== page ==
Ph. D. Research: Radio Transients from Millisecond to Hour-long Timescales
Radio transients are astrophysical events that either appear and disappear, or display variations in their radio emissions. The intrinsic variability time scales can be diverse, ranging from fast radio bursts (millisecond duration extragalactic pulses of as-yet unknown physical origin) and millisecond pulsars (dense, magnetized neutron stars that have spun up to millisecond rotational periods through accretion from a binary companion) at millisecond time scales to minute-hour long interactions of magnetized exoplanets with their host stars.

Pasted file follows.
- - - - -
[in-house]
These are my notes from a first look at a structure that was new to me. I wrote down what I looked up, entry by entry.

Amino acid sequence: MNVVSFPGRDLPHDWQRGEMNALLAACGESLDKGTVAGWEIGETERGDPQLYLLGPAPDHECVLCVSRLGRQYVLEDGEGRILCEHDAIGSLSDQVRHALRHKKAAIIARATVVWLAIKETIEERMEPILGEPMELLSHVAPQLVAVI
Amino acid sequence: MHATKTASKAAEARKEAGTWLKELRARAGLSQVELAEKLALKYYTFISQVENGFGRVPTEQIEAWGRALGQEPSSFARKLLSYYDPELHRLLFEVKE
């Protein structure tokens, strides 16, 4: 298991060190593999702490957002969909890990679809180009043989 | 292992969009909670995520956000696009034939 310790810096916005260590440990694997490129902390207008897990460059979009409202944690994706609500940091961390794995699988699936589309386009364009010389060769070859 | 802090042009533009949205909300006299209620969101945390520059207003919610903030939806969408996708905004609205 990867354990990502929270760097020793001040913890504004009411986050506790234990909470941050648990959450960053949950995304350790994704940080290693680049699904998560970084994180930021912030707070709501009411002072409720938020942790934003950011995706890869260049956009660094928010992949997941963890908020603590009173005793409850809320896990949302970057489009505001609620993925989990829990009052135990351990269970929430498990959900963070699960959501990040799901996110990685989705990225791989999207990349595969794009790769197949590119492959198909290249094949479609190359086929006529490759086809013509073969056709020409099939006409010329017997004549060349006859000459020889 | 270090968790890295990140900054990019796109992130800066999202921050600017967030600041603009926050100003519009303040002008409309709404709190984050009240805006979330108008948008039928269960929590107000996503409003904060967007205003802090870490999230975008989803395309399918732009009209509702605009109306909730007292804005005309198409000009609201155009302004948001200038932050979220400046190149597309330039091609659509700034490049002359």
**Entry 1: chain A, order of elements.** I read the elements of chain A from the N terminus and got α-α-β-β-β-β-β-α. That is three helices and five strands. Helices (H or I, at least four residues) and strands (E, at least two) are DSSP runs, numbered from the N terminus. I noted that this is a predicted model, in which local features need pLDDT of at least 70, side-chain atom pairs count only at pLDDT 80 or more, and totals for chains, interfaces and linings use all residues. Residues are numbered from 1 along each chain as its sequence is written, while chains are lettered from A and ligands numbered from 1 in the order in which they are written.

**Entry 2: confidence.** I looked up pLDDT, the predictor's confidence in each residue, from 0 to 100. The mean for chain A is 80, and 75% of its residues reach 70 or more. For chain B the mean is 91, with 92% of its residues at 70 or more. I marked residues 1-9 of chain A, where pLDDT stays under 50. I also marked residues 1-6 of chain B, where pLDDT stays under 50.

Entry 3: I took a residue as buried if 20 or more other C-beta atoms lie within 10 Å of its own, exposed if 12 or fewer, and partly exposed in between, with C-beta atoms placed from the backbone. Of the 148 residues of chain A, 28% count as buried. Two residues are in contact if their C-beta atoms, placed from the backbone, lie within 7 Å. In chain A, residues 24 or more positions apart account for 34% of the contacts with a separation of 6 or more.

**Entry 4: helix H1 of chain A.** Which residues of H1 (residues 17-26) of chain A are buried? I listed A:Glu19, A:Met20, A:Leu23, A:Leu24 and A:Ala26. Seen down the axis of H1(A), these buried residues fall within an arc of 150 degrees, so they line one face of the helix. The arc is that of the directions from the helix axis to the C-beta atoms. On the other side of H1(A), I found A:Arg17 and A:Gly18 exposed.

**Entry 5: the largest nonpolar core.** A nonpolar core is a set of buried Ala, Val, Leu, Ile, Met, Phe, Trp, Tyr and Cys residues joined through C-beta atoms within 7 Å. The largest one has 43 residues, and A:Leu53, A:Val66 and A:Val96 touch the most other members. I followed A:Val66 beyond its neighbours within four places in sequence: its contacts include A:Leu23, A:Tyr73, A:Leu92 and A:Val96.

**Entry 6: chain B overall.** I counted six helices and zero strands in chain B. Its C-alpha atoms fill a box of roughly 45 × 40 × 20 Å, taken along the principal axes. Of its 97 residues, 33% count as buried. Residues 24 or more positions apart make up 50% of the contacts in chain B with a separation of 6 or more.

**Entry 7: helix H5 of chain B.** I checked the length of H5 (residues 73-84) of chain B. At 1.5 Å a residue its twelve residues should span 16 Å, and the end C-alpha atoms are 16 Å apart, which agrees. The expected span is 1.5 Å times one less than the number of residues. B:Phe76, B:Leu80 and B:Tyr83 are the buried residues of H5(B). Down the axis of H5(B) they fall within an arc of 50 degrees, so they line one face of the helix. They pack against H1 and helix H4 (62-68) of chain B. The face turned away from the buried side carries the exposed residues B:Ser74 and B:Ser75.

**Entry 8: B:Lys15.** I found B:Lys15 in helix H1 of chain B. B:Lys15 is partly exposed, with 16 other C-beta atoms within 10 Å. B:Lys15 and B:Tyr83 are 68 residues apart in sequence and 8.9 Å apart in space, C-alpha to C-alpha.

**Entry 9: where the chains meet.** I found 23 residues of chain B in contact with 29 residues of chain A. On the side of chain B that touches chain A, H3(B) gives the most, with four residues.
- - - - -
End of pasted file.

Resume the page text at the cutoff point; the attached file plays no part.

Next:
Transient detection in radio data presents a fascinating challenge due to the variability of astrophysical phenomena, the abundance of extraneous interference sources (e.g., radio waves used for telecommunications, satellite transmissions, etc.), and the enormous data volumes output by modern surveys. The central goal of my research is to enable rapid radio transient discovery through the development of a broad net of computational tools and processing pipelines.